QueueTips Newsletter

QueueTips - No. 8

Reply All: ‘Man of the People’

More than ever, history can teach us about our present. In podcast world, there’s a show about the fall of the Roman empire, there’s a “hardcore” one, there’s another about the history of Hollywood. There’s enough hours of audio to teach us about the causes and effects of things that happened in our past, so that we — in a cliche but abstract way — don’t repeat them in the future. But then, on January 18 of this year, Reply All— my favorite show of 2016— published “Man of the People,” a 100-year-old story as current as the NPR news reports we get when we say, “Hey, Alexa, what’s new?”

“It feels like it could have happened this week, basically,” host and producer PJ Vogt says, before launching into an episode about John Brinkley, a con-man who used a new form of technology (the radio) to gain fame and fortune during the first half of the 1900s.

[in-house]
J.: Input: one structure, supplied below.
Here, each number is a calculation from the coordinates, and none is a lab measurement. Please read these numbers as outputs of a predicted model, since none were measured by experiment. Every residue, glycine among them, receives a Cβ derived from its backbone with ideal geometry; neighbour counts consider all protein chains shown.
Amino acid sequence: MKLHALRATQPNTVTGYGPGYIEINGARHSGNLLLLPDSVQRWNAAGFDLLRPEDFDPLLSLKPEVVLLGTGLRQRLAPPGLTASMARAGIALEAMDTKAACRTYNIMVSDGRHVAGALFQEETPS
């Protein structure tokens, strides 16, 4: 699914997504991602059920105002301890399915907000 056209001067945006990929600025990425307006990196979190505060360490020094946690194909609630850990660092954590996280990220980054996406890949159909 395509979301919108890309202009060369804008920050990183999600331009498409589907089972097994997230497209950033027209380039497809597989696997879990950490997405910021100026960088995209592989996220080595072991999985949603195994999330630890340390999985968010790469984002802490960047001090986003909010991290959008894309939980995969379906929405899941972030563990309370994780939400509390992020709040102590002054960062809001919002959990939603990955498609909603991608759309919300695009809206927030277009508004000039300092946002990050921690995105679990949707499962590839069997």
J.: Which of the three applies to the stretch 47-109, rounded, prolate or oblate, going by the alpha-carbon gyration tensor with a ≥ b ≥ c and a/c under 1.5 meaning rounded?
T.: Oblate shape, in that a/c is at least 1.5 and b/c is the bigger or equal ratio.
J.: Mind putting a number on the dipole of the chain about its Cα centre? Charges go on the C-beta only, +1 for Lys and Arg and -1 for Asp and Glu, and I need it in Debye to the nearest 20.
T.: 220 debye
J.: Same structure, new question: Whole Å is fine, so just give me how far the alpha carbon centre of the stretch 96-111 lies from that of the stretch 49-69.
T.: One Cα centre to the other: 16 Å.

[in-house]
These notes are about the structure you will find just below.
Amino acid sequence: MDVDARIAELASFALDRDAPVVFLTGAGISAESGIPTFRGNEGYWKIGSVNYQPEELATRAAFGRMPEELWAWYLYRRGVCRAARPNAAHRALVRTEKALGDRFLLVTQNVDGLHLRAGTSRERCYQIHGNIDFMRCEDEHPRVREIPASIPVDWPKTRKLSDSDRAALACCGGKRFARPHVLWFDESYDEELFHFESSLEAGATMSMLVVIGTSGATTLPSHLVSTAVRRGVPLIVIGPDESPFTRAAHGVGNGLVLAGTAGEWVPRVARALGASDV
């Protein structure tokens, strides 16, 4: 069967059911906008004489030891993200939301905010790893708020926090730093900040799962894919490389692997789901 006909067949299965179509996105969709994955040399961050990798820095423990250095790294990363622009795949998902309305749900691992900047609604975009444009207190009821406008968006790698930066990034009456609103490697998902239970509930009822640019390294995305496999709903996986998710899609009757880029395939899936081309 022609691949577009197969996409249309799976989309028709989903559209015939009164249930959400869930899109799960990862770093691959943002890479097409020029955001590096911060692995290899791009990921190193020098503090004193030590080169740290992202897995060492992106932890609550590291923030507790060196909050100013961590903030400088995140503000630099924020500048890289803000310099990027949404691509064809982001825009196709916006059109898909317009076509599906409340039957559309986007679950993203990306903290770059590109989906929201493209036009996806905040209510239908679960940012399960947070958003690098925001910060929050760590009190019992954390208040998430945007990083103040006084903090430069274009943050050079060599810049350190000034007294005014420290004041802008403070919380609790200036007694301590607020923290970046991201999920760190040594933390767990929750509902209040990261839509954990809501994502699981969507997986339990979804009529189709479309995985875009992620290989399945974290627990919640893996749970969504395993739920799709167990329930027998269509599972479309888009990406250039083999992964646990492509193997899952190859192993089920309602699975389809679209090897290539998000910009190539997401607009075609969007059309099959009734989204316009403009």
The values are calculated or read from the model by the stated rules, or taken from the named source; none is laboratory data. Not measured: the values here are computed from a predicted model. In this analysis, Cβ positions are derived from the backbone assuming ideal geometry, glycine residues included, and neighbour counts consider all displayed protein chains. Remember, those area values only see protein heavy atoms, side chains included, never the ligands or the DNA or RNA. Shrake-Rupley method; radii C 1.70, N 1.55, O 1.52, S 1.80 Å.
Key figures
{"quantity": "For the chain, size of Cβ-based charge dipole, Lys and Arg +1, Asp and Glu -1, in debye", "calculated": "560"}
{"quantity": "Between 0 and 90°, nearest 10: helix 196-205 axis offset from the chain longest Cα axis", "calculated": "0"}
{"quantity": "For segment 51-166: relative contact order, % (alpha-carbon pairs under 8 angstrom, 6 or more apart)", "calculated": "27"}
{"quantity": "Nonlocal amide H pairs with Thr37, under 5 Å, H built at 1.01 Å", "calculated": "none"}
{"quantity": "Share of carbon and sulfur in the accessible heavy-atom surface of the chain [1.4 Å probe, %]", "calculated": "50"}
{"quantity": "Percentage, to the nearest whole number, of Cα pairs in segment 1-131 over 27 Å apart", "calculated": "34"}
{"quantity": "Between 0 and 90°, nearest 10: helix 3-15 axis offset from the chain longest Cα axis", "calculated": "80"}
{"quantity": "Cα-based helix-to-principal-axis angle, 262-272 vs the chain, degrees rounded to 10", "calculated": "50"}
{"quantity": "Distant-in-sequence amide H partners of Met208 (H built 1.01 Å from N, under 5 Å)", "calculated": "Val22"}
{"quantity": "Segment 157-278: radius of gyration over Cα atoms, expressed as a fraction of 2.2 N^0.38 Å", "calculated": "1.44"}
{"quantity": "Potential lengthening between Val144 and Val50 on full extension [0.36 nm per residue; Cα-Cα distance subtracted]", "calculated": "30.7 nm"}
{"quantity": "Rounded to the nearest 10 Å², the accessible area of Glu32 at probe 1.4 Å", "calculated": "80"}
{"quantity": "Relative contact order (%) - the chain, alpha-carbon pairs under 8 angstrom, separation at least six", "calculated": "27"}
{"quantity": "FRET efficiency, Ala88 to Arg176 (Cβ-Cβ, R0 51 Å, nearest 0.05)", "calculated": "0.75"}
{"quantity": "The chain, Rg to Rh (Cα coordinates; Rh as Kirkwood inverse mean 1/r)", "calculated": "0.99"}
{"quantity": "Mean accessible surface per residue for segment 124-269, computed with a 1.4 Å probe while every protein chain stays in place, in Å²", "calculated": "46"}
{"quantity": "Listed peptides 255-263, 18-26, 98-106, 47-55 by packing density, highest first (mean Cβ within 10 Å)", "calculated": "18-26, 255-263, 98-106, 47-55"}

It’s an episode that defiantly is about the reality in which we find ourselves. It’s a story about why we as a society are susceptible to big-personality, truth-averse blowhards. It’s a story about Donald Trump. However, instead of explicitly making it a story about Donald Trump (published during his inauguration week, nonetheless), Reply All merely winks at it for 45 minutes. They mention Brinkley’s nightmarish medical practices — he implanted goat testicles into “impotent” men’s scrotums and called it medicine—his ties to fake schools, his aversion to apology, his sleuthy sidestepping of the law for personal gain, his spite-filled ambition to run for public office, and — finally — his demise at the hands of a persistent investigator. Only once is “Trump” even mentioned — as a reference — in the episode, and that doesn’t come until the 35:50 mark. It’s a masterful bit of patient storytelling, and it’s a big part of why Reply All continues to be my favorite podcast each week. (The episode is also being turned into a movie starring Robert Downey Jr., if you needed an example of podcasts as a pervasive force in the culture.)